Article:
An International Art Jewellery Exhibition Inspired by Nature
11th July - 29th Sept 2013

Culture Vulture Review of Natural Histrionics

Culture Vulture: On Our Radar: Natural Histrionics at Salts Mill
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About Us

Friday July 8th, 2011
Nathalie Blonder takes a trip to Saltaire for some Natural Histrionics

When I heard about the Natural Histrionics exhibition taking place at Salts Mill, I wasn’t sure what to expect. The first word of the title definitely implies a nature theme – either use of such materials or based around natural formations. On the other hand, the ‘histrionics’ element led me to believe that it was orientated around futuristic technology … then I opened the dictionary and found out that the word actually means ‘Excessively dramatic or emotional’. The collection as curator Kath Libbert described it is ‘Jewellery designed with traditional materials but used in untraditional ways’, and she wasn’t kidding.

I visited the gallery on the evening of its opening and initially highly underestimated the collection due to the humble handful of display cabinets on display. However, as I was lucky enough to interview the brains behind the operation I was astonished to hear about the sheer depth of story behind each individual piece and the contributors that brought them to life. In March of this year, Kath attended a jewellery convention in Munich where she was positively overwhelmed by the amount of beauty and original design she found herself immersed in. It was there that she got the idea to put together the Natural Histrionics exhibition based on a number of jewellers’ unique outlook on nature.
For example, the first designer’s work that I got to see was that of Anja Eichler whose collection of pieces formed using quail eggs and precious metals is charming. With these earrings, brooches, and necklaces made from a medium of such fragility, she reflects the human condition by showing that despite falling and cracking under pressure, we as people are able to rise up again, stronger and more beautiful.

Italian concept artist Konrad Laimer did not have any message in mind when he made his collection out of goat horn and Chamoir. A man living in the Alps, he felt inspired to use the materials he found around him and form them into a collection of his own interpretation. What I love about Laimer’s collection is the splash of colour he features in each of his pieces, along with a silver finish – the combination of these elements perfectly embodies elegance and refinement.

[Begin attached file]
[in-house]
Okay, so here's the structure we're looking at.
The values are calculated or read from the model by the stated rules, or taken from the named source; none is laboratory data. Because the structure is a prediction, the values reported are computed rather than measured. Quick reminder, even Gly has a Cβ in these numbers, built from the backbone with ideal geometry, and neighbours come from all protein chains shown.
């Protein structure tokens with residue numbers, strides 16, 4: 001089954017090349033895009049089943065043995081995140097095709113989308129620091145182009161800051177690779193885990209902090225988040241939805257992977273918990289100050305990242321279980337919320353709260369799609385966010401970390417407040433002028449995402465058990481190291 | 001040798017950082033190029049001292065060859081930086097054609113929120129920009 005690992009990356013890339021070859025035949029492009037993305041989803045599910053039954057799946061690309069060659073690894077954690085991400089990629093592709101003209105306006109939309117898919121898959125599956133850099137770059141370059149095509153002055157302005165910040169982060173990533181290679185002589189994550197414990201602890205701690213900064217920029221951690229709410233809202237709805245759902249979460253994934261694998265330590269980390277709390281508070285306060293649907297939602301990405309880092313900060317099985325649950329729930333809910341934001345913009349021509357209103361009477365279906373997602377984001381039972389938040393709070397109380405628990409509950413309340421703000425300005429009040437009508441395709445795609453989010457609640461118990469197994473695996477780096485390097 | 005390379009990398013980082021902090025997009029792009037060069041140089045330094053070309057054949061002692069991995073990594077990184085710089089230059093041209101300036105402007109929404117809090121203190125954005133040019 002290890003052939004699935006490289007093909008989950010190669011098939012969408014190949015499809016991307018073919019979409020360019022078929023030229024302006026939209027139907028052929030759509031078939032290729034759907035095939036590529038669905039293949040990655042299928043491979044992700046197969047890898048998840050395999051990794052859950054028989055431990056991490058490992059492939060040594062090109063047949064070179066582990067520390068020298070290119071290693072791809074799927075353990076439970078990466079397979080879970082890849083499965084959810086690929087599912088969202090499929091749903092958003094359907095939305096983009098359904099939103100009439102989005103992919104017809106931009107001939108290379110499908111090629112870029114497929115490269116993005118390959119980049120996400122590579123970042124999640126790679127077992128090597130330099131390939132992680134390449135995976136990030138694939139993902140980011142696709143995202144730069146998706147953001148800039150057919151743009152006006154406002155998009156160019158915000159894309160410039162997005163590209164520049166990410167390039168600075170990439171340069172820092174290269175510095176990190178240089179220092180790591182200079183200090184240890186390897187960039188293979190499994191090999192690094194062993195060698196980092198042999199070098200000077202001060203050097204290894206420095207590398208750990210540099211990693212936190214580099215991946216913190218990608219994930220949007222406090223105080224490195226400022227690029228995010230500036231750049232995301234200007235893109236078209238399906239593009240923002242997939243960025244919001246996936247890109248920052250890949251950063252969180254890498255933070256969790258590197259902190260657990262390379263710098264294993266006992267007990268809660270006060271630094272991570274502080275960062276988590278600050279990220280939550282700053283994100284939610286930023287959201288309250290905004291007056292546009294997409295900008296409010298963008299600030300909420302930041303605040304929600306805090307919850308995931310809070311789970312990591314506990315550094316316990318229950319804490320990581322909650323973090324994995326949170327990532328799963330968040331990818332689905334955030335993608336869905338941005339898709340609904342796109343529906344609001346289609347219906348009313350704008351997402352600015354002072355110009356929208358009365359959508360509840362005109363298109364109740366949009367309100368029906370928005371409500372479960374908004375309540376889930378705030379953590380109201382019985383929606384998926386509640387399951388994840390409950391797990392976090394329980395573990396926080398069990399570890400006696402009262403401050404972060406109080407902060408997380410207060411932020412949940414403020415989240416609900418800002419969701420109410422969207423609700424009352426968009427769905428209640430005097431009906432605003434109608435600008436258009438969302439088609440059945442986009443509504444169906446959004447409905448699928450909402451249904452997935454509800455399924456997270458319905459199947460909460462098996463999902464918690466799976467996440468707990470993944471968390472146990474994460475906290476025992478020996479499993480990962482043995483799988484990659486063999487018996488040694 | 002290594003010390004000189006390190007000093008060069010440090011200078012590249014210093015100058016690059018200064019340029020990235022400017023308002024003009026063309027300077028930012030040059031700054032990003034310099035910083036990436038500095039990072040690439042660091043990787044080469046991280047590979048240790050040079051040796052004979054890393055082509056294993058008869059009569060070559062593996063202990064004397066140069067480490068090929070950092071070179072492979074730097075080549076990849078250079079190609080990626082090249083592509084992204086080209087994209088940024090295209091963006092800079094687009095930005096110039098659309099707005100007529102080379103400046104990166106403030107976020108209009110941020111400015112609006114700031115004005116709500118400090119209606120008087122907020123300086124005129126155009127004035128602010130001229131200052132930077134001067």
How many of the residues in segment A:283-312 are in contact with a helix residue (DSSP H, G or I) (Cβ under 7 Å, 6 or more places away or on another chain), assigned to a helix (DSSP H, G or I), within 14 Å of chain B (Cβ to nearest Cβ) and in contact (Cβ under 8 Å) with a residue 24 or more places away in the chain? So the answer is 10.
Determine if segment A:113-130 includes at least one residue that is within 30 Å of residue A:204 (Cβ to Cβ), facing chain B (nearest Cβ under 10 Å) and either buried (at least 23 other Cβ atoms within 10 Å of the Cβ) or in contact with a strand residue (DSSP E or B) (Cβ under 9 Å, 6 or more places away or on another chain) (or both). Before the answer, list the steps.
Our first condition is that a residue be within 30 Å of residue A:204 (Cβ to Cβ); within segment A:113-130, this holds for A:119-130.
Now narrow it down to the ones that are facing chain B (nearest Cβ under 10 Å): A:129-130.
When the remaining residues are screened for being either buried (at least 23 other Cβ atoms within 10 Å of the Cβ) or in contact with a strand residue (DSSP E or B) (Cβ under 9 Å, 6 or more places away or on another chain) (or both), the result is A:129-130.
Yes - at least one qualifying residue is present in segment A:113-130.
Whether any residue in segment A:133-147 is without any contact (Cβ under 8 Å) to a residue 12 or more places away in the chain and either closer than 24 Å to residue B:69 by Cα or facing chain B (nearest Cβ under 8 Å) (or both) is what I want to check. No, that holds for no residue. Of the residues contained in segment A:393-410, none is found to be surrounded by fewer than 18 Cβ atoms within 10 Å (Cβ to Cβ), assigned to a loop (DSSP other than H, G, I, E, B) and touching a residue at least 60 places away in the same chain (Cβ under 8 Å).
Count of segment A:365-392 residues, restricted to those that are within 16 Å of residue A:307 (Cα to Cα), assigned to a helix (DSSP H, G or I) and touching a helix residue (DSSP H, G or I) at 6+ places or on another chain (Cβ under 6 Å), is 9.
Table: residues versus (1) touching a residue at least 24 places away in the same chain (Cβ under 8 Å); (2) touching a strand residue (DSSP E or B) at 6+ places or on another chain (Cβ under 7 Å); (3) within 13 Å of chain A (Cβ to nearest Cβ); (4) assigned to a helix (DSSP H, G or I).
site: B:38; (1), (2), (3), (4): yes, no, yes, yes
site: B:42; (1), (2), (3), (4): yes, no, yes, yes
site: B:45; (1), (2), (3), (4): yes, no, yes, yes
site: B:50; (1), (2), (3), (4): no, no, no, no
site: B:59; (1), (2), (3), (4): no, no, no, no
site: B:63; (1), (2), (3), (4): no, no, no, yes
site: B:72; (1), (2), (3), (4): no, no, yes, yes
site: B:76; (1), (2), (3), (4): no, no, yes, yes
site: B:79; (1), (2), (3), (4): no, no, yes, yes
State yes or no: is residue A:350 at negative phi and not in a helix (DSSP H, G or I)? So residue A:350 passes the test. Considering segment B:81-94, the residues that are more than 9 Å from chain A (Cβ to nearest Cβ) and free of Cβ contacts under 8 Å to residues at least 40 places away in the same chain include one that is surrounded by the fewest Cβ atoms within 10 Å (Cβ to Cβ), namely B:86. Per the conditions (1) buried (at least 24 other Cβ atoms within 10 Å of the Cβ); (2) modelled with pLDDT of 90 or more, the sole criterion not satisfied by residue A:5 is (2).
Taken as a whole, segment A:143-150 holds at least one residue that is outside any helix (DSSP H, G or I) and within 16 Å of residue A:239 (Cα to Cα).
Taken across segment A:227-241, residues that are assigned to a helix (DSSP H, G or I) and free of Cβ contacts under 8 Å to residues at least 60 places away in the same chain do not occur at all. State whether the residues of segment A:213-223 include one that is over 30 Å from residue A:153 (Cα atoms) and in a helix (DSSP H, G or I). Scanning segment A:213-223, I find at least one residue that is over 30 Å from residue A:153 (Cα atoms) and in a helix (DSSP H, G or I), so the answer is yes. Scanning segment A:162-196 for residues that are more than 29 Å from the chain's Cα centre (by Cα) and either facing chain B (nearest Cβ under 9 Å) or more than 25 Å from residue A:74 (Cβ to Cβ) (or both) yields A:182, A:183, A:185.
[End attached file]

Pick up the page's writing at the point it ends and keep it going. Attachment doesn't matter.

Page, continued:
Another favourite of mine was the work of Dutch genius, Nel Linssen, who has produced art that pushes the boundaries of the imagination by combining two things only: mathematics and plastic-reinforced paper. In the hands of the wearer, necklaces become fluid and snake-like, embodying natural formations found amongst fauna and flora. When viewed close up it is impossible to distinguish the intricacy, each tiny fold in harmony with its neighbour. I suppose it could be described as origami 2.0.

Natural Histrionics is part of Kath Libbert’s Jewellery Gallery and can be found on the second floor of Salts Mill, through the vast bookshop and adjacent to the Diner. It will be running until the 29th of September and I highly recommend it to anyone who considers themselves a fan of the weird and wonderful. One of the best parts of this exhibition is the ‘stage’ in the corner where visitors are encouraged to try on the various pieces on display and have their picture taken. As well as this, all are given the opportunity to become part of the exhibition itself by starring in a short film, donning some finery and saying what you like about it. All the films are then compiled and displayed on the monitor within the gallery, adding just that little bit more life to the already animated collection.
For more information and access to Kath Libbert’s online catalogue, check out

Kath Libbert Jewellery Gallery, Salts Mill, Saltaire, Bradford BD18 3LA. Tel/Fax 01274 599790. For directions see About Us
Open Monday - Friday 10am - 5.30pm. Weekends 10am - 6pm.